Should the grub menu entries look all alike?

Since F30 and the associated upgrade of grub and friends, I find that all new kernels show up the same: Fedora 30 (Thirty)

The boot entries from F29 were converted and did include the kernel version, so initially I had three distinct menu entries to boot from. But after the third F30 kernel was installed, I have three menu entries that look alike.

I know how to handle it, but is it really intended to be this way? As I read the Boot Loader Specification it seems the idea was to show the version from the configuration file when there are more than one file with the same title.

Does this happen to everyone, or is it just me? Do others (who don’t hide their menus altogether) see menu entries including the kernel version after a couple of upgrades?

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Mine shows the kernel release for each option. The entry title strings are stored in the /boot/loader/entries/ files, e.g:

$ grep -h title /boot/loader/entries/*
title Fedora (0-rescue-5593b6f732944ad491ba36d3b37def31) 30 (Thirty)
title Fedora (5.1.20-300.fc30.x86_64) 30 (Thirty)
title Fedora (5.2.5-200.fc30.x86_64) 30 (Thirty)
title Fedora (5.2.7-200.fc30.x86_64) 30 (Thirty)

Looks like kernel-install add is responsible for creating the entries, and the plugins in /usr/lib/kernel/install.d/ control its operation. I’d start there.

See also:

for your input!

So you @ferdnyc actually have title lines including the version number in your config files. As I understood the BLS specs I thought the blscfg module should add the version numbers at boot time if and only if there were more than one config file with the same title. But when I read the change description you @vgaetera linked to one more time, I see it says version isn’t supported.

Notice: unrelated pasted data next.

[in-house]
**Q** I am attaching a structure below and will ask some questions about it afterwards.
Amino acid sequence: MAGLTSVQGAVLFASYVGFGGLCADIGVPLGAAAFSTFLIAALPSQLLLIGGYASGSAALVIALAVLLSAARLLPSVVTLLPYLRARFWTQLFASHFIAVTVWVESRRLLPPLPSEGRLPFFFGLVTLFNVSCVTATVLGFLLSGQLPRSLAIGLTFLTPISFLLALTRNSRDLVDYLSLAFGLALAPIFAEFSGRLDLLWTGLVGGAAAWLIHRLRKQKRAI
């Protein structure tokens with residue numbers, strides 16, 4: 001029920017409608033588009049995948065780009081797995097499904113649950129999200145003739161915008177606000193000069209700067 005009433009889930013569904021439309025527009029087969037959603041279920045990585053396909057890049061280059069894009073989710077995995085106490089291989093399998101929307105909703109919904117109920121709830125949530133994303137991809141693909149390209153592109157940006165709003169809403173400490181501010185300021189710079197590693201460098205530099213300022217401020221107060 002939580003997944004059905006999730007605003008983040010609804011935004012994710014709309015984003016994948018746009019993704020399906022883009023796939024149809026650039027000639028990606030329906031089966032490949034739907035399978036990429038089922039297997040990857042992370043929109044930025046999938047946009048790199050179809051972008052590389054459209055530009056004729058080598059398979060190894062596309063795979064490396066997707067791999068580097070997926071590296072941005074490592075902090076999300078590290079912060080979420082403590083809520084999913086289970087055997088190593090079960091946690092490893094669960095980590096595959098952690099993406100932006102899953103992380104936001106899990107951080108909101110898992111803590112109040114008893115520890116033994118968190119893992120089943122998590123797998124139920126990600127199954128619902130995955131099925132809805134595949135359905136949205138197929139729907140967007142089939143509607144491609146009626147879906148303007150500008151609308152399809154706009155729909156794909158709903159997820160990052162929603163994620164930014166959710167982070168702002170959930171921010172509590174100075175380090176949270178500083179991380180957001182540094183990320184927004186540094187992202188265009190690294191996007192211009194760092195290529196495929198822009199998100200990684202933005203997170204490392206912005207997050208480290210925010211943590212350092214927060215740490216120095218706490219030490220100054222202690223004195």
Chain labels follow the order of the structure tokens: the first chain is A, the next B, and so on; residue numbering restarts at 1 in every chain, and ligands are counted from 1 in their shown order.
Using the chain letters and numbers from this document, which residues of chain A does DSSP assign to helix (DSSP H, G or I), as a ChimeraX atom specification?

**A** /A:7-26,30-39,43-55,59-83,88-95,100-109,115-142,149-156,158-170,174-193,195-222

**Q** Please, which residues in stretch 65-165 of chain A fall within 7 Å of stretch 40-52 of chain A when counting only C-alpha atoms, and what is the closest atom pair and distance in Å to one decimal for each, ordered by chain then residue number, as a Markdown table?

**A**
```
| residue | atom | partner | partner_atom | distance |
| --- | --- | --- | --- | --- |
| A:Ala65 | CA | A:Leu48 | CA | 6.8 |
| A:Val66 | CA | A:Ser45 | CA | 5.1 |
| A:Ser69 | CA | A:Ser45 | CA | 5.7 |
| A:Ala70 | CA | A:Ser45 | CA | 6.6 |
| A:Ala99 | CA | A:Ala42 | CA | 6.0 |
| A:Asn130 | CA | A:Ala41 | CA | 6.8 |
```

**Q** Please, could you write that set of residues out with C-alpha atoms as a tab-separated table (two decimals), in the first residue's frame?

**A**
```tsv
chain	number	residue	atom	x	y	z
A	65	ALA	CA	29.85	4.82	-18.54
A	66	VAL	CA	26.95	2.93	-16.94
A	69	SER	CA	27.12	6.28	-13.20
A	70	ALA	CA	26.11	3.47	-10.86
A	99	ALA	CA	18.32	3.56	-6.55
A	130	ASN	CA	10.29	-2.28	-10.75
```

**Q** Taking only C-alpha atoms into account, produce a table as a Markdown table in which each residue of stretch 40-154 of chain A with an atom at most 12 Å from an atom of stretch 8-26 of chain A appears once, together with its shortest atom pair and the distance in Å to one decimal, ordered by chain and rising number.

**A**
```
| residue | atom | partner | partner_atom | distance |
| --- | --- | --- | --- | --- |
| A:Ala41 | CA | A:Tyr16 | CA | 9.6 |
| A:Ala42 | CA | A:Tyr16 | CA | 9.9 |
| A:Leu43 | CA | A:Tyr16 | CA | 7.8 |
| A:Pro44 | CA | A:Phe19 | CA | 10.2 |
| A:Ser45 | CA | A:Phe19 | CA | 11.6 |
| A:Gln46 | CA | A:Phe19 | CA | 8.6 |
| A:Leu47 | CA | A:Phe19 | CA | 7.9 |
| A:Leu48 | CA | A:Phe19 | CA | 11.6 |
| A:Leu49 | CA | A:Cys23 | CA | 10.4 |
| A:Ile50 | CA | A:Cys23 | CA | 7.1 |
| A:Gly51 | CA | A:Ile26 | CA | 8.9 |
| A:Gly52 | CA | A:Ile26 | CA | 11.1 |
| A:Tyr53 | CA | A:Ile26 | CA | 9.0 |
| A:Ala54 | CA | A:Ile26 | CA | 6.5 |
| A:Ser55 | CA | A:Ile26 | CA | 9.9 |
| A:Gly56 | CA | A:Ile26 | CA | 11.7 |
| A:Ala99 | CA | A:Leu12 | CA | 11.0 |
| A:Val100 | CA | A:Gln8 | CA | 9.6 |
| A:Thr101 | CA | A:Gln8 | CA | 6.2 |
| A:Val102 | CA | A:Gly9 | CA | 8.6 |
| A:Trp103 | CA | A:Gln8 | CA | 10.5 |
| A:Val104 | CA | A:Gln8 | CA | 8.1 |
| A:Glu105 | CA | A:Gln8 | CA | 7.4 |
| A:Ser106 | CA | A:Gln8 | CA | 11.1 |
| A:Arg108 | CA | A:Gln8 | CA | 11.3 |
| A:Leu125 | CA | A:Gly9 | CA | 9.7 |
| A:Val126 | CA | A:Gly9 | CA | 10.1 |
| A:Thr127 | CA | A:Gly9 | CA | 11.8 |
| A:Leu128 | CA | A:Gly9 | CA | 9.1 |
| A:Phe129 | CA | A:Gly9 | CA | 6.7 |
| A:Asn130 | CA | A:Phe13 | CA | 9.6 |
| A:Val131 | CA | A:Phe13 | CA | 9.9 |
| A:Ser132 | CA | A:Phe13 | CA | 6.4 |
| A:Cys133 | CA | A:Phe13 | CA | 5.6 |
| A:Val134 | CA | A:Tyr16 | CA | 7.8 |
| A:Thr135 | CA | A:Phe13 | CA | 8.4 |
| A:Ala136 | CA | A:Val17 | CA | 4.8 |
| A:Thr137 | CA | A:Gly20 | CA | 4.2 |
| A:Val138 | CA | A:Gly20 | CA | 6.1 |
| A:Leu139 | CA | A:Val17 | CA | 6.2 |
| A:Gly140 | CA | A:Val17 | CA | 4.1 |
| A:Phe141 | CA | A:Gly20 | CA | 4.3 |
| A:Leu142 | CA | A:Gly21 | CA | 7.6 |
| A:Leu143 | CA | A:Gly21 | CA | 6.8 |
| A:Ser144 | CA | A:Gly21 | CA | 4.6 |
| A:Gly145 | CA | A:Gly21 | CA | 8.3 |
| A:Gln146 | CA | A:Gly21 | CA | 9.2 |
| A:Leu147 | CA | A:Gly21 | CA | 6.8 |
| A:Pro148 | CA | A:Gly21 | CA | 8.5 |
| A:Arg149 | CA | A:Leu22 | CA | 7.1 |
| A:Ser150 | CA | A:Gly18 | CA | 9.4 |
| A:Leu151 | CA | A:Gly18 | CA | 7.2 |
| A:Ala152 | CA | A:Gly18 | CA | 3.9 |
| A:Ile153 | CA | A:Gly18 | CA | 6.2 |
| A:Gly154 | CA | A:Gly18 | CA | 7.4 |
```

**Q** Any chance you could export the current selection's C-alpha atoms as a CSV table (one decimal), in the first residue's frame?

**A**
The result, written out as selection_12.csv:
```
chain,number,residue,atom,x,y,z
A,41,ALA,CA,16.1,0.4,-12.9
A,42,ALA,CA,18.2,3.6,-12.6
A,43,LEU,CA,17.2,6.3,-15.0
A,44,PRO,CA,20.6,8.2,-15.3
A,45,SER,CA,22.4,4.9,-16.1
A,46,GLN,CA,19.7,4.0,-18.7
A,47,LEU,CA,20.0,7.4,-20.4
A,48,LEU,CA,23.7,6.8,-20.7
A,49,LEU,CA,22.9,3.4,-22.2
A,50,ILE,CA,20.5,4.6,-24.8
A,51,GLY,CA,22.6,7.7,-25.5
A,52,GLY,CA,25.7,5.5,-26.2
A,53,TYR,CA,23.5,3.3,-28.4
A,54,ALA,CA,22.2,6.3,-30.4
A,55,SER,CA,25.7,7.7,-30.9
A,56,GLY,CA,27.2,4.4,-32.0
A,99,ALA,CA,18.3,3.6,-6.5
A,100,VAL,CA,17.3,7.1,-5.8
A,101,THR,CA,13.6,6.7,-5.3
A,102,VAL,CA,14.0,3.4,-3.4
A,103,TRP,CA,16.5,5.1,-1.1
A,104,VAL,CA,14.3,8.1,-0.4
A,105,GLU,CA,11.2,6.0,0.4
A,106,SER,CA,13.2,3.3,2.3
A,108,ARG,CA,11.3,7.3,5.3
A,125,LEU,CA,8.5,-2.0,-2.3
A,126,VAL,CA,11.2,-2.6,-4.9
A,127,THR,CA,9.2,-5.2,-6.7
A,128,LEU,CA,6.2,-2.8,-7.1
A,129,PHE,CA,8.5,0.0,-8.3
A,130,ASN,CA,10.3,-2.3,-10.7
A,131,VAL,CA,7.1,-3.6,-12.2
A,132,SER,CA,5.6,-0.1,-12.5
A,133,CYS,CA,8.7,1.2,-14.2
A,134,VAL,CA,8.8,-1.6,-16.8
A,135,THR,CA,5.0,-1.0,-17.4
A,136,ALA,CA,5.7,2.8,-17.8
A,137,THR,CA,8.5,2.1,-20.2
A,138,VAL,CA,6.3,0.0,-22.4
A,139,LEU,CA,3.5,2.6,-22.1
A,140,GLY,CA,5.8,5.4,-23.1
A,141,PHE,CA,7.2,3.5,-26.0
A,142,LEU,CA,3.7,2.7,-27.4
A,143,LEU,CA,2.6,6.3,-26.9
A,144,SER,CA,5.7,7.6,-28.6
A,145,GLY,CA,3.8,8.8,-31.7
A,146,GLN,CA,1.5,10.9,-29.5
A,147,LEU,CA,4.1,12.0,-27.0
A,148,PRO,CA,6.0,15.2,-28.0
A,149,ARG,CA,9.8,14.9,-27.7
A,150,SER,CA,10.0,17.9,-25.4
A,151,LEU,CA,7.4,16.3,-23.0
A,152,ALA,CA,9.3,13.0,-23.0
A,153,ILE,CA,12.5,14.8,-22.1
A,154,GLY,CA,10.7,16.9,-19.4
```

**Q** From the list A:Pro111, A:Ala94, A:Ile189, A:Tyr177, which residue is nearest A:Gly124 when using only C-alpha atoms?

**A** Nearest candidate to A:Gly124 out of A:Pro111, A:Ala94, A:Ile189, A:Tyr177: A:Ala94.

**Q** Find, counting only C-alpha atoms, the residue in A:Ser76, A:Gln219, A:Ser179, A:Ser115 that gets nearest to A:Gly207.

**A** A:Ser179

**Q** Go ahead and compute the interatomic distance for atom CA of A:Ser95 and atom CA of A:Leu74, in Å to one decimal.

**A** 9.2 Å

I took a look in /usr/lib/kernel/install.d/ as you suggest. I actually have two files in there which create a BLS config file!

20-grub.install from the package grub2-common creates a config file which includes the version number in the title line. It looks like that is what you have, @ferdnyc .

90-loaderentry.install from the package systemd-udev which creates a configuration file where only PRETTY_NAME from /etc/os-release is on the title line.

Since 20 comes before 90, the second file should will “win”. Indeed, looking at the details of the files generated on my system, it is pretty clear they come from 90-loaderentry.install. Now I wonder, why does that not happen to you? What is different? Can you see any explanation? There are a number of ways for the latter file not to do anything, but none seems very likely.

You do have a file /usr/lib/kernel/install.d/90-loaderentry.install owned by your systemd-udev, don’t you?

You do have a file /etc/machine-id, don’t you?

You do have one of the directories for ENTRY_DIR_ABS selected from line 94 and on in /usr/bin/kernel-install, don’t you?